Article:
Living Single: A Qualitative Analysis of the Deconstruction of the Black Family Using the Family Cultural Theory

Grace Serene Salvant


Within the Black community, the most basic social unit, the family, has been torn apart. Stemming from the slavery era, there has yet to be a resolution to incomplete households. Contorted policies on issues such as welfare and child support further complicate and intensify the trend of the Black broken home. Some scholars argue that this problem began in the age of slavery when Black families were separated by force, as a result of their masters selling members of the family to different plantations. Understanding that the family was a solid structure for the African people, the effort to tear it apart was deliberate and effective. This paper provides an in-depth explanation of how the Black family has suffered immensely and has unfortunately been caught in a revolving door of disconnection. Additional issues such as teen pregnancy, one-parent households, down-low relationships, poverty and government dependency, as well as communities being plagued with “Dead Beat Dad Syndrome,” have manifested and embedded themselves in the Black family culture. Utilizing the Family Cultural Theory, which analyzes the particular dynamics of a people’s way of life, as well as dissects the relationship between culture, nature and society, several ideologies are explained in this essay. Thus, the paper not only tests the hypothesis that the damage that accompanied Blacks during more 200 years of decomposition and corruption may prove to be irreversible, it further analyzes the proposition that additional government interference and policies surrounding this issue intend to prevent the Black family from regrouping into the strong foundation that it once was. Findings from the analysis of the primary data collected from family experts as well as secondary data from statistical and case studies seem to support the tenability of the hypothesis and the proposition.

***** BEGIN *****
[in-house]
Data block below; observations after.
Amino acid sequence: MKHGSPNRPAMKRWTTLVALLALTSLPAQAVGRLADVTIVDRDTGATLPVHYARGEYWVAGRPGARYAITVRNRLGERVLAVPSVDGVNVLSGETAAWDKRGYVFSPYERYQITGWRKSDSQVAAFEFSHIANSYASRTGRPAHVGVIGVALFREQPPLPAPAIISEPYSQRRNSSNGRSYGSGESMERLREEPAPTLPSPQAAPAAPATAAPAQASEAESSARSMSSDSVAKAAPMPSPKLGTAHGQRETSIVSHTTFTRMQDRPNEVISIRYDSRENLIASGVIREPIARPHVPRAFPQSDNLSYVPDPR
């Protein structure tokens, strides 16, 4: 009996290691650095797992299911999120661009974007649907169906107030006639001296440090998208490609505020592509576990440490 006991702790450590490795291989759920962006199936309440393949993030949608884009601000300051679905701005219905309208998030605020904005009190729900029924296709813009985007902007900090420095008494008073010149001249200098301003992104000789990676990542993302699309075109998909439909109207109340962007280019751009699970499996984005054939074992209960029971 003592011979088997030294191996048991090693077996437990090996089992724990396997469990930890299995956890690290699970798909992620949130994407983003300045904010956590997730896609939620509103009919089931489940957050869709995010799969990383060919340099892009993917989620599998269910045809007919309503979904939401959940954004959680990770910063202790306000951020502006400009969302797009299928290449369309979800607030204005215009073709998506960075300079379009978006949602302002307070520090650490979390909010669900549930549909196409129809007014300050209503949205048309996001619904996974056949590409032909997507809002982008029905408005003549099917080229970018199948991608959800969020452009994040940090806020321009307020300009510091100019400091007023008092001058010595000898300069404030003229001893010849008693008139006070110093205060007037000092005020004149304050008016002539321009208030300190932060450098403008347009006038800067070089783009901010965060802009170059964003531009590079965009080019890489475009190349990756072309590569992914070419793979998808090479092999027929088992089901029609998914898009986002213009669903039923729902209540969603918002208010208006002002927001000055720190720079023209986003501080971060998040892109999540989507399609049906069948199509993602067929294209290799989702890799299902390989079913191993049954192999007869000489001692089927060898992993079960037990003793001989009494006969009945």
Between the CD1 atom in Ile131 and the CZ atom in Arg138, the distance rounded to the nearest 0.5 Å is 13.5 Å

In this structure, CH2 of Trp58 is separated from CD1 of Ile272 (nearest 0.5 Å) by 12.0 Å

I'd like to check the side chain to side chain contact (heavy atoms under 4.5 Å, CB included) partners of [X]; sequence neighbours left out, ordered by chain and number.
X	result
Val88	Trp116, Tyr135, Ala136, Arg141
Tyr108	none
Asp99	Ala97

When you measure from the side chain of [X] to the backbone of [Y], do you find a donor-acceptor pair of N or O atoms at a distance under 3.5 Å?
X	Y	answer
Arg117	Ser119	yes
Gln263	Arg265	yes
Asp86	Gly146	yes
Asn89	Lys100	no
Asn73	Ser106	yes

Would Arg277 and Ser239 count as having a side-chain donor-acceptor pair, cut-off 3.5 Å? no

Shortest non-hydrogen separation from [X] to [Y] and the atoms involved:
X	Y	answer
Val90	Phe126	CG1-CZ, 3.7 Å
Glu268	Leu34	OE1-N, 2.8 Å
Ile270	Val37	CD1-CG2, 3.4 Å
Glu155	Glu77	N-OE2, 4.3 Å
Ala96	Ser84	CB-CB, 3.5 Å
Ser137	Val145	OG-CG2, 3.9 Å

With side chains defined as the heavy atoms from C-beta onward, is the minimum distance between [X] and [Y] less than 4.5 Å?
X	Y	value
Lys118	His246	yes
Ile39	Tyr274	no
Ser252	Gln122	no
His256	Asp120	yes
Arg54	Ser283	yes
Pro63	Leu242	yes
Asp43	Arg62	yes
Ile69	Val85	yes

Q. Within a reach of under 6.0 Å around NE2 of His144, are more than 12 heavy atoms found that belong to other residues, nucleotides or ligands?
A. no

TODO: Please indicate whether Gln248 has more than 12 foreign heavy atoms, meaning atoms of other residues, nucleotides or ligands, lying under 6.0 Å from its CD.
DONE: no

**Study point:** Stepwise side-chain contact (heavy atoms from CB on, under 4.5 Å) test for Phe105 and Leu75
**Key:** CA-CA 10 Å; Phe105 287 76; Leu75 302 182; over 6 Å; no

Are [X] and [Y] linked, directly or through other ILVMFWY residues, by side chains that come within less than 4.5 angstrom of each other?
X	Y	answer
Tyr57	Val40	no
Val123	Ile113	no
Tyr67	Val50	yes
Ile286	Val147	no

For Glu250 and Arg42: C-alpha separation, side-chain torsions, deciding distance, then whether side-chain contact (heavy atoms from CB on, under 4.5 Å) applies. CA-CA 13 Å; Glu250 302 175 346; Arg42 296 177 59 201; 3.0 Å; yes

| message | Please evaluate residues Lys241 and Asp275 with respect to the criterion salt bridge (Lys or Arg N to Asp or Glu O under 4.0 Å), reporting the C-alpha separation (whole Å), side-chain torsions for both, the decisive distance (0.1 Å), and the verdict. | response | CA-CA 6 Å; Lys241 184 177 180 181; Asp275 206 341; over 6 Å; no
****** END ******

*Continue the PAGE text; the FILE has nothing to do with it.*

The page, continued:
Living Single, Black Family, Deconstruction, Slavery

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